Treat­ment de­pends on risk lev­els

The Weekend Australian - Travel - - Health - THE DOC­TOR LINDA CAL­ABRESI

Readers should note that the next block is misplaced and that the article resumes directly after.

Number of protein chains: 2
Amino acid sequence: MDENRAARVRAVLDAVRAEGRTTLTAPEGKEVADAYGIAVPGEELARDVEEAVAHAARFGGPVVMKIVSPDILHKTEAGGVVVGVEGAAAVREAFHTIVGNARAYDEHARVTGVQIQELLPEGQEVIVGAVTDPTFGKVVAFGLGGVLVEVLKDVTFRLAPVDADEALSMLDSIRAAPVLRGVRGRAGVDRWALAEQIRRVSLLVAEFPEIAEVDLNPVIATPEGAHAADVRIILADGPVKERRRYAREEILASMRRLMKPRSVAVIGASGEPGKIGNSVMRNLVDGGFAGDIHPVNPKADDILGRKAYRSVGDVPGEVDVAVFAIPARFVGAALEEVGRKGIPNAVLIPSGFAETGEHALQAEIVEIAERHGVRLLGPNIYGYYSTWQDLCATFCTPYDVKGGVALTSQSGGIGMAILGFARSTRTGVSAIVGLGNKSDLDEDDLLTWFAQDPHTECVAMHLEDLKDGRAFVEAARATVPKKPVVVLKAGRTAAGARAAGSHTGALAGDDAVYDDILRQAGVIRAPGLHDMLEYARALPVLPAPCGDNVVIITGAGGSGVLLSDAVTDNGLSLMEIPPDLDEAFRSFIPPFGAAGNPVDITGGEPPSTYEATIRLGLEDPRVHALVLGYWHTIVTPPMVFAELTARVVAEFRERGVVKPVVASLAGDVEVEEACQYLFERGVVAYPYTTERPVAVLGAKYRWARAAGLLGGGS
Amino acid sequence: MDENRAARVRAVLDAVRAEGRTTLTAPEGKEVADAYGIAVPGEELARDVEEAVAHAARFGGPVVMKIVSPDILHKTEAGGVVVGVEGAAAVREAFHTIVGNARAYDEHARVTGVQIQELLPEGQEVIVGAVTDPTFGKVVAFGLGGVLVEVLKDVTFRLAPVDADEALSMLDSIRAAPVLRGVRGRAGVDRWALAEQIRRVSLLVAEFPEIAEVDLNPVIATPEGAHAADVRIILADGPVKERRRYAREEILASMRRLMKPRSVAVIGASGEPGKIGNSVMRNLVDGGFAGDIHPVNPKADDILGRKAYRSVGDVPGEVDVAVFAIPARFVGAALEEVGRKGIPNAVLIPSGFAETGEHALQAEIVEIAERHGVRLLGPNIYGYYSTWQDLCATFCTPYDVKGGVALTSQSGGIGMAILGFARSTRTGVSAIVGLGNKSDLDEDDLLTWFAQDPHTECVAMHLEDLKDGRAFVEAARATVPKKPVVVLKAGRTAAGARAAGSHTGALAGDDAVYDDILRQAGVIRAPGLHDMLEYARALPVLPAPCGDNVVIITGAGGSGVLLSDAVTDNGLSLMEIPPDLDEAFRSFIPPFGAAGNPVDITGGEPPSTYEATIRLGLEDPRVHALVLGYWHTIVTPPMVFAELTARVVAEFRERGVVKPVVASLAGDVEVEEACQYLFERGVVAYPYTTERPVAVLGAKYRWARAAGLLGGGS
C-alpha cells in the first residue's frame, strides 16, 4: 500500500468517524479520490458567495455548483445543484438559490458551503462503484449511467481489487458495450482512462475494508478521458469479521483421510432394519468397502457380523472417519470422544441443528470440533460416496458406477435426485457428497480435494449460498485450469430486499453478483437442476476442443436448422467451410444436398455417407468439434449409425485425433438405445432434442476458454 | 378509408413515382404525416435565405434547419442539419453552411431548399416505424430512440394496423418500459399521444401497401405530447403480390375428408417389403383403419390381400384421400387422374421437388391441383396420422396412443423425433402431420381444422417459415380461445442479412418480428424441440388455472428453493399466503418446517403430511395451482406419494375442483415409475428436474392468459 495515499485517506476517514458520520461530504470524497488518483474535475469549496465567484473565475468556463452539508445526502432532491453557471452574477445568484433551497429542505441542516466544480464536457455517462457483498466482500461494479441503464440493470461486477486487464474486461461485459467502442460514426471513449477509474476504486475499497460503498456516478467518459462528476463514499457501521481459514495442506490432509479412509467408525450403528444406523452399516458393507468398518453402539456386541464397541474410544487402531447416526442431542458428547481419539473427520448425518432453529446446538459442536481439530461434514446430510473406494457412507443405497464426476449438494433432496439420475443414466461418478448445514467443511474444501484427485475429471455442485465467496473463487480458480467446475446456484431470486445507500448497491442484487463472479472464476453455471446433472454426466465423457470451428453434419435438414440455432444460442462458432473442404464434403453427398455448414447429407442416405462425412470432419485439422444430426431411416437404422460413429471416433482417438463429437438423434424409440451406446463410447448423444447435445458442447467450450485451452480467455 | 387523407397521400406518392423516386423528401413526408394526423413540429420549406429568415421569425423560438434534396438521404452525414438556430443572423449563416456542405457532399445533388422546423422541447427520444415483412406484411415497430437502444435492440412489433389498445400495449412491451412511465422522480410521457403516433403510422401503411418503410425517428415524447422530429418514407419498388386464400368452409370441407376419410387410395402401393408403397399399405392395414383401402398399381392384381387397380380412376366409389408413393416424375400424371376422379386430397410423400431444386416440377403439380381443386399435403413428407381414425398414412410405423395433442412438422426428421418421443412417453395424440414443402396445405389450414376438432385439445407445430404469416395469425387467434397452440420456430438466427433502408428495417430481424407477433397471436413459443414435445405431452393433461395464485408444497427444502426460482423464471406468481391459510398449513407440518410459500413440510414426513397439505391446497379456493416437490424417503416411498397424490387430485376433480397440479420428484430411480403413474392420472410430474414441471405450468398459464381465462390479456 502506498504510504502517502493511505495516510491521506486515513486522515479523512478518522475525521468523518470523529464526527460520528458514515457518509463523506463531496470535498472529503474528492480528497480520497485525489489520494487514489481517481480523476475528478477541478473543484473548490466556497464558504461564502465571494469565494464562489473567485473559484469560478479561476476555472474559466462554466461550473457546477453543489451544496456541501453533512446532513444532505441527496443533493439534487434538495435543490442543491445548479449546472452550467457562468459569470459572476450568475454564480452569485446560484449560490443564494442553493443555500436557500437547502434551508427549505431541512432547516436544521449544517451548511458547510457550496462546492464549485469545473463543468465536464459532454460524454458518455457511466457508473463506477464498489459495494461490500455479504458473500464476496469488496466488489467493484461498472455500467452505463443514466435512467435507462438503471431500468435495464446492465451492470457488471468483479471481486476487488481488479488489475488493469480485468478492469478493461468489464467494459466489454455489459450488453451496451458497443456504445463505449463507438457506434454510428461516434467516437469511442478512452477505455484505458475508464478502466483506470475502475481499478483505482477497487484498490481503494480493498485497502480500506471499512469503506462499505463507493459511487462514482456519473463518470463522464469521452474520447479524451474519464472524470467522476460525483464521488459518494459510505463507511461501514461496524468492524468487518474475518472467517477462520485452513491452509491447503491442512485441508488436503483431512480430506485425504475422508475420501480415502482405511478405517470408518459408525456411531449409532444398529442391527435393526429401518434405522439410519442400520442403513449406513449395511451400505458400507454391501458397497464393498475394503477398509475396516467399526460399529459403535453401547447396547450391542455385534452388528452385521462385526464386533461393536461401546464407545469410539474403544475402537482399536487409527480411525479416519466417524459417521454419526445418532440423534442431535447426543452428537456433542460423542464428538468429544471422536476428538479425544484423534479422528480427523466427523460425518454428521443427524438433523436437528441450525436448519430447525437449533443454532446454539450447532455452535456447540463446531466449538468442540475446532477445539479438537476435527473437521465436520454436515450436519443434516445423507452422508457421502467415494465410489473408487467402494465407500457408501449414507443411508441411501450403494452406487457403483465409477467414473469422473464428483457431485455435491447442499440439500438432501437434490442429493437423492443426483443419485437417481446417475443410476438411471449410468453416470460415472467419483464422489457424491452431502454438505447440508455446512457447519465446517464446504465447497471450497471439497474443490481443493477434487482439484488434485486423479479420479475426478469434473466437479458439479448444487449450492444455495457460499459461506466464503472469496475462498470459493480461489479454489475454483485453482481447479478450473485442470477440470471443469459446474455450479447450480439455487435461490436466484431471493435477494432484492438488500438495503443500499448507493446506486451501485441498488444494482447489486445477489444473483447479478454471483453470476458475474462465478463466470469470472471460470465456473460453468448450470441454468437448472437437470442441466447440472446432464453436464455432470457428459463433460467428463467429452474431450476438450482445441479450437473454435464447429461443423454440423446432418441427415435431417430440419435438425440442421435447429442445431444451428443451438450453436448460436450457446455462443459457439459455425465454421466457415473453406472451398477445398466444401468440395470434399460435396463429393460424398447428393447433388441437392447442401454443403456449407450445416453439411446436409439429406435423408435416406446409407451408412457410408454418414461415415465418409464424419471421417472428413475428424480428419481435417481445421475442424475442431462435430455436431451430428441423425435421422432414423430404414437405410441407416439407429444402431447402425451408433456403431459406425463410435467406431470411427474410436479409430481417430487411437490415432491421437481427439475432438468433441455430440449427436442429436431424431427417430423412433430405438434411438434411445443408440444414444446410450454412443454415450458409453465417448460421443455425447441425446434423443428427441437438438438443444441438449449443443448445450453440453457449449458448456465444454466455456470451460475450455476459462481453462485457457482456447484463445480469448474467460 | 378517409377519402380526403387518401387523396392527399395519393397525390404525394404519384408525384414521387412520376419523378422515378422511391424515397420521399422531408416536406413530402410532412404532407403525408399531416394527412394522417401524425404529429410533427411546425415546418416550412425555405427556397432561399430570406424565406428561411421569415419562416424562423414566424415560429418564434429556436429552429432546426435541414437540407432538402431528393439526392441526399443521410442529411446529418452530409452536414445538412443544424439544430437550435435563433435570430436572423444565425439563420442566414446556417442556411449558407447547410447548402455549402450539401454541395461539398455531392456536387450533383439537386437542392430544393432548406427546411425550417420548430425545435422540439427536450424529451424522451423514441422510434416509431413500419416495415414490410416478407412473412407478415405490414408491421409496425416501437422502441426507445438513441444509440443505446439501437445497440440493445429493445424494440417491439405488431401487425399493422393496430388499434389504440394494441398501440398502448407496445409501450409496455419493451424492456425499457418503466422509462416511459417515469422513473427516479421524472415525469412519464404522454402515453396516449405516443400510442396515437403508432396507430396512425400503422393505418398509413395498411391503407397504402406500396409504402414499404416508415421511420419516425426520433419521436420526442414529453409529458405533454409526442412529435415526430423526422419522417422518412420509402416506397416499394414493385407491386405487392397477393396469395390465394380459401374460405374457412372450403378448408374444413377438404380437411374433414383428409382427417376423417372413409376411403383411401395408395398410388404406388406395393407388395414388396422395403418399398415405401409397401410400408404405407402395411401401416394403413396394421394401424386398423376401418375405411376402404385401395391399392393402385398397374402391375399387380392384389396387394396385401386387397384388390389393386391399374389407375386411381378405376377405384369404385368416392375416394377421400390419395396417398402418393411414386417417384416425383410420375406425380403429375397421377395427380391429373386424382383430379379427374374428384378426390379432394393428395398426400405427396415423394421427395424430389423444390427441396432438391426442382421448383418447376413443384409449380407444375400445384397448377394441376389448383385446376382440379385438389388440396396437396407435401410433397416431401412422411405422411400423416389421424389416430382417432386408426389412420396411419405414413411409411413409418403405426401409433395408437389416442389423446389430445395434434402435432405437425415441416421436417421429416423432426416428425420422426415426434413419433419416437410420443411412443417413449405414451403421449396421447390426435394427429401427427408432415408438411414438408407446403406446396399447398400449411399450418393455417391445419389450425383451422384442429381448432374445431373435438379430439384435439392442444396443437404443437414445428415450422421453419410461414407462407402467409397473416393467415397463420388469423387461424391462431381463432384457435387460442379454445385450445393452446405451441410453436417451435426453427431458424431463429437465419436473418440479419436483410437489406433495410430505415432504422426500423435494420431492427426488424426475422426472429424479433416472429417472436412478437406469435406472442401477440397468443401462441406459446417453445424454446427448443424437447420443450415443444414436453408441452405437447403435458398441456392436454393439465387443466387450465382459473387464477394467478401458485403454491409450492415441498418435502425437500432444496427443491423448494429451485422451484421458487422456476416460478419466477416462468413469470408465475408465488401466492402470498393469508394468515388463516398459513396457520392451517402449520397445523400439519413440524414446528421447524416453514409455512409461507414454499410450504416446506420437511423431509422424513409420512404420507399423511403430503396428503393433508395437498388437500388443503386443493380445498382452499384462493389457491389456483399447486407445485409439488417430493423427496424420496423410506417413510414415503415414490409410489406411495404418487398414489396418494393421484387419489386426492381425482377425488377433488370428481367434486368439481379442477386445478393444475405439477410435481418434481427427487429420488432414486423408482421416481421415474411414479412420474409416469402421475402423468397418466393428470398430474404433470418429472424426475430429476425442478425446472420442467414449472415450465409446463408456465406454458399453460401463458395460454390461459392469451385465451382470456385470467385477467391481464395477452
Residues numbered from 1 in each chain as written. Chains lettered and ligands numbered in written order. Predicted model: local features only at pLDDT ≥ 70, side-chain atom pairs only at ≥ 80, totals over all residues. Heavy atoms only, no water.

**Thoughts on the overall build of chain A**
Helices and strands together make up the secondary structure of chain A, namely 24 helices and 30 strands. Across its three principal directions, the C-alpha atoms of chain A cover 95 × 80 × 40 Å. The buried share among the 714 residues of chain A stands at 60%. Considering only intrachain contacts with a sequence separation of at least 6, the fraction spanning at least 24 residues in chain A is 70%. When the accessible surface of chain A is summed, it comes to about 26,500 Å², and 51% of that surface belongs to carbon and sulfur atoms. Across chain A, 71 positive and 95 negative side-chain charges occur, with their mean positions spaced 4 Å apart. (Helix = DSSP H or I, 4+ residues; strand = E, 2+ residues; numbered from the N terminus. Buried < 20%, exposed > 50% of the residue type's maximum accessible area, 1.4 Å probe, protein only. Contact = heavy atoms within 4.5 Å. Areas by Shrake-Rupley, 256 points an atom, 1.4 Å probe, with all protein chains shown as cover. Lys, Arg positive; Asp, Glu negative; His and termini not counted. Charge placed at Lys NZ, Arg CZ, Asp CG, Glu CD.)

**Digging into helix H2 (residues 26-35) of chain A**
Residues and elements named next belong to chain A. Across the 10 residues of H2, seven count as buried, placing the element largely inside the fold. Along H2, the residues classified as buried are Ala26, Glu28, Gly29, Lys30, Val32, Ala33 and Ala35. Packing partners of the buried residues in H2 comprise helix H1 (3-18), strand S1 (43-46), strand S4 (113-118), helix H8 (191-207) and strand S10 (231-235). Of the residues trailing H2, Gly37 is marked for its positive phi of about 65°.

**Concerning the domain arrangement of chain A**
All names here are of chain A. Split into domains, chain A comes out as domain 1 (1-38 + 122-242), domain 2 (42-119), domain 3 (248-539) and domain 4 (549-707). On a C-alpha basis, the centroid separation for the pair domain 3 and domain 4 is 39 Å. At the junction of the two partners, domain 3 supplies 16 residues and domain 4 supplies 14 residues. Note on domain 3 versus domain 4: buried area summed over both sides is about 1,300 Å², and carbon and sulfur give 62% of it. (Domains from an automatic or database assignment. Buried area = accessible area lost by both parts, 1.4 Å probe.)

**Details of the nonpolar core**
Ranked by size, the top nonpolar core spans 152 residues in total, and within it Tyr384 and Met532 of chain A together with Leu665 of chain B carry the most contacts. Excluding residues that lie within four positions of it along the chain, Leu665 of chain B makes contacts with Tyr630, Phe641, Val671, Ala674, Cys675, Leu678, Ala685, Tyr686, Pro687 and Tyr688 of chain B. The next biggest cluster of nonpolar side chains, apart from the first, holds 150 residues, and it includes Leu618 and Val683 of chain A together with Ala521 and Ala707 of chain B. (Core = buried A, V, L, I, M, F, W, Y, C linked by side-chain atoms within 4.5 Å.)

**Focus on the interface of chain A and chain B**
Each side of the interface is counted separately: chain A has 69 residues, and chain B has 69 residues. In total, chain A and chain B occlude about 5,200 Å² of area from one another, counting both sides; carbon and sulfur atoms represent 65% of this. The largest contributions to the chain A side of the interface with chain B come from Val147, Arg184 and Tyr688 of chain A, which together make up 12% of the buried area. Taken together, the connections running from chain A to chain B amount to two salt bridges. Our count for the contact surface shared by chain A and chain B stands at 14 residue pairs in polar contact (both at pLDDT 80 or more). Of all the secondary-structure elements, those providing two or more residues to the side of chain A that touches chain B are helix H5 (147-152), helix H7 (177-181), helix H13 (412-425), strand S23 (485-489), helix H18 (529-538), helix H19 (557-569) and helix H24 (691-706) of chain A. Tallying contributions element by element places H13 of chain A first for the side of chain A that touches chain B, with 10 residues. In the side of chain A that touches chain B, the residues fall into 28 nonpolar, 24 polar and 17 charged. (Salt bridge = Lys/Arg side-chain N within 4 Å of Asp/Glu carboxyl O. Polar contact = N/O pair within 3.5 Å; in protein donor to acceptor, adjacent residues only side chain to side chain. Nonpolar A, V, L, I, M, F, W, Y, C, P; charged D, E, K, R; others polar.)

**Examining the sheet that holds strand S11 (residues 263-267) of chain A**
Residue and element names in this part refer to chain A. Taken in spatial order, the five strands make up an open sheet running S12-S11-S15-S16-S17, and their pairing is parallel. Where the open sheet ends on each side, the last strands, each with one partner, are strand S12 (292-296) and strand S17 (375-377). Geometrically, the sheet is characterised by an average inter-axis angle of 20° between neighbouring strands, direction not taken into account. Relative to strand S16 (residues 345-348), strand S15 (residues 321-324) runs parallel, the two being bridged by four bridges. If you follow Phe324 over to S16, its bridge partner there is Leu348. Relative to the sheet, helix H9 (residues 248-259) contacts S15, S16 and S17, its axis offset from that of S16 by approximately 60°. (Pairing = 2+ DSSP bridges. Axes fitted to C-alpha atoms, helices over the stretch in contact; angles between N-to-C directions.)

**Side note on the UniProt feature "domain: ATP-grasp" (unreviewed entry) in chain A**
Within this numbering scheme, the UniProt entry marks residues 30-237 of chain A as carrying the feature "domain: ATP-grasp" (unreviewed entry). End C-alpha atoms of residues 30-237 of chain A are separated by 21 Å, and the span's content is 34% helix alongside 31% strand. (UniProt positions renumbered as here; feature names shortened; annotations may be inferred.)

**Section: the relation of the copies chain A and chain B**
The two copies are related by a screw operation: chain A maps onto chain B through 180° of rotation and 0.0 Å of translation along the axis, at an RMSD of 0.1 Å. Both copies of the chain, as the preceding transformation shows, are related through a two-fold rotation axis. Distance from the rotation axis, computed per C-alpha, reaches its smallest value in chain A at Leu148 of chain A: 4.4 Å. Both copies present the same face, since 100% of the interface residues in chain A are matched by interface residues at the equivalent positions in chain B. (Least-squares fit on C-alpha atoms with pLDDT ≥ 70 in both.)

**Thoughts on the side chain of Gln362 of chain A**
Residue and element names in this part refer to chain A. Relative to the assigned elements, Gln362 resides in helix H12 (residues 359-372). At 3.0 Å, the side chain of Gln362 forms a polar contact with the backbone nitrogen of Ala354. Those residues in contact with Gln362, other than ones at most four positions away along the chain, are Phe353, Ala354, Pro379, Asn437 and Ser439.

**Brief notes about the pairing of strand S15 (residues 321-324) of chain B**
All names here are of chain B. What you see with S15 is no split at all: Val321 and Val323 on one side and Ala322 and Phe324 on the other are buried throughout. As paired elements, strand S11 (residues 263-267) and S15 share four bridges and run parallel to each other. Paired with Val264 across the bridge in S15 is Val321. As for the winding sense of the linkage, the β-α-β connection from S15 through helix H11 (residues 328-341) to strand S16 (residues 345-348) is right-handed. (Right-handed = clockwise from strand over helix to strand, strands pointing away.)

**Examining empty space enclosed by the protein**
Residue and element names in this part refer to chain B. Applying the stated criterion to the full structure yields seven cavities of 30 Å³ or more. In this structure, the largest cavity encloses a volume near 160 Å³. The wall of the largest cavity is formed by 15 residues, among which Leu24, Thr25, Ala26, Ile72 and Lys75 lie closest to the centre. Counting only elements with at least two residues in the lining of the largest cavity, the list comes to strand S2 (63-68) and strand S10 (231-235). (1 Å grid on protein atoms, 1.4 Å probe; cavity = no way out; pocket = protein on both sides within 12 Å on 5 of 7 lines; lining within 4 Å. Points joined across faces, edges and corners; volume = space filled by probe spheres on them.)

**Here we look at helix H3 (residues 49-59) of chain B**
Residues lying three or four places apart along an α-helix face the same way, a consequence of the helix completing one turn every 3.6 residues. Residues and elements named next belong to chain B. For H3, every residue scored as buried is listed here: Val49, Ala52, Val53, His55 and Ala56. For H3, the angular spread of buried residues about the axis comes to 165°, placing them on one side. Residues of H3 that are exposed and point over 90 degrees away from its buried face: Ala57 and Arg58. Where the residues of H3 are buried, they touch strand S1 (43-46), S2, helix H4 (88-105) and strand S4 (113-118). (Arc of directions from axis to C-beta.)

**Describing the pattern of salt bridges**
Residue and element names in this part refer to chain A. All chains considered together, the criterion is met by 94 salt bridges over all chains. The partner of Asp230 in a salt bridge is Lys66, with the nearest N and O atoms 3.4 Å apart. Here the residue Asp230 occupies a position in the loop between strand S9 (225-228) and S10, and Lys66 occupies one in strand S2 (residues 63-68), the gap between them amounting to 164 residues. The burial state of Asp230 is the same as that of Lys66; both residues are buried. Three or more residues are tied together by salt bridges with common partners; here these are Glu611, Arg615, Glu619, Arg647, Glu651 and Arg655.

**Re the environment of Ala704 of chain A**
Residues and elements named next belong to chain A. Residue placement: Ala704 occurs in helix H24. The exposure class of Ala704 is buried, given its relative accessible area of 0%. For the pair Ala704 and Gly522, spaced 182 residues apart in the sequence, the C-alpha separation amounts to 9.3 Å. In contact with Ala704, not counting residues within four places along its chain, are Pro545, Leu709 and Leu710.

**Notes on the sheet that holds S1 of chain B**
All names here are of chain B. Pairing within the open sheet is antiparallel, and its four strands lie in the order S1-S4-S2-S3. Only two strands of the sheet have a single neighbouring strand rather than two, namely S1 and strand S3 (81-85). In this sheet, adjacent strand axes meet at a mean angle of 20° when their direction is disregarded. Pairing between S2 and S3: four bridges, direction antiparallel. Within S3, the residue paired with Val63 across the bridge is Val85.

Linda Cal­abresi is a GP and ed­i­tor of Med­i­calOb­server. Send your queries to­ MY­mother is 61 years old and has had a heart at­tack in the past. She takes med­i­ca­tion for hy­per­ten­sion, rheumatoid arthri­tis and high choles­terol. She has had sev­eral episodes of atrial fib­ril­la­tion. She is wor­ried she should be tak­ing med­i­ca­tion for this to pre­vent a stroke. SPEAK­ING gen­er­ally, peo­ple who have atrial fib­ril­la­tion — es­pe­cially if they have a his­tory of heart dis­ease — should be tak­ing anti-clot­ting med­i­ca­tion, most com­monly war­farin. How­ever, ev­ery pa­tient needs to be as­sessed in­di­vid­u­ally as treat­ment will de­pend on fac­tors such as the sever­ity of the symp­toms, the cause of the atrial fib­ril­la­tion, the pa­tient’s over­all stroke risk and the risks as­so­ci­ated with the treat­ment. Your mother re­ally needs to dis­cuss this with her doc­tor, es­pe­cially as she also suf­fers rheumatoid arthri­tis, the treat­ment for which can some­times mean the risks as­so­ci­ated with tak­ing war­farin would be greater. I AM58 years old and fe­male. Three years ago I was di­ag­nosed as hav­ing a seg­men­tal spinal steno­sis at the L3-4 and L4-5 lev­els, due to some dif­fuse bulging of the discs with some bony over­growth at the de­gen­er­a­tive facet joints. I also have a broad-based left­sided para­cen­tral disc pro­tru­sion at the L5-S1 level which ap­pears to be com­press­ing the left S1 nerve root. I was rec­om­mended to have phys­io­ther­apy rather than surgery, as I can still walk. The physio helps and I swim for 60-90 min­utes ev­ery day, which has stopped the symp­toms get­ting any worse. How­ever, I still suf­fer pain in my lower back, and pain and numb­ness in my lower thigh and foot. Would I be bet­ter off hav­ing an op­er­a­tion? Would it be bet­ter done sooner rather than later? How long would it take to re­cover from the op­er­a­tion? THE dif­fuse disc bulging and de­gen­er­a­tive facet joints are con­sis­tent with a di­ag­no­sis of os­teoarthri­tis in your back. Gen­er­ally this would mean that surgery would be of lim­ited value. How­ever, the fact you have limb symp­toms, cou­pled with the find­ing of a nerve root com­pres­sion, makes it more likely your doc­tor would con­sider surgery an op­tion. You need to dis­cuss the risks and ben­e­fits with your doc­tor, but be aware that the op­er­a­tion is un­likely to re­lieve all your pain given the ex­tent of your arthritic changes. The leg pain and numb­ness should im­prove once that nerve root is de­com­pressed. The tim­ing of the op­er­a­tion is best left to the spe­cial­ist, but it is im­por­tant to have your symp­toms mon­i­tored reg­u­larly as a sud­den wors­en­ing of symp­toms, or the de­vel­op­ment of bowel or blad­der symp­toms, is usu­ally sign that treat­ment is more ur­gently re­quired. Re­mov­ing a disc is con­sid­ered a ma­jor op­er­a­tion, al­though a com­monly-per­formed one. Some peo­ple re­cover very quickly but it is prob­a­bly more re­al­is­tic to ex­pect it to take up to three months to feel fully re­cov­ered. I HAVE started eat­ing and drink­ing soy prod­ucts rather than dairy, as I have found I feel bet­ter on soy. How­ever, I am con­cerned I will de­velop a cal­cium de­fi­ciency. Am I right? GEN­ER­ALLY, soy prod­ucts are very rich in vi­ta­mins, min­er­als and pro­tein, but not nec­es­sar­ily cal­cium. You need to choose cal­cium-for­ti­fied prod­ucts that have had cal­cium added to them— at least 100mg of cal­cium per 100ml, prefer­ably more if you are preg­nant or menopausal. You can ob­tain cal­cium from sources other than dairy and cal­cium-for­ti­fied soy prod­ucts, of course. Ex­am­ples of other sources in­clude salmon and sar­dines, as well as nuts, es­pe­cially al­monds and a variety of fruit and veg­eta­bles. How­ever, pro­por­tion­ally the amount of cal­cium th­ese prod­ucts con­tain is far less than in dairy, and it isn’t ab­sorbed by the body as well.

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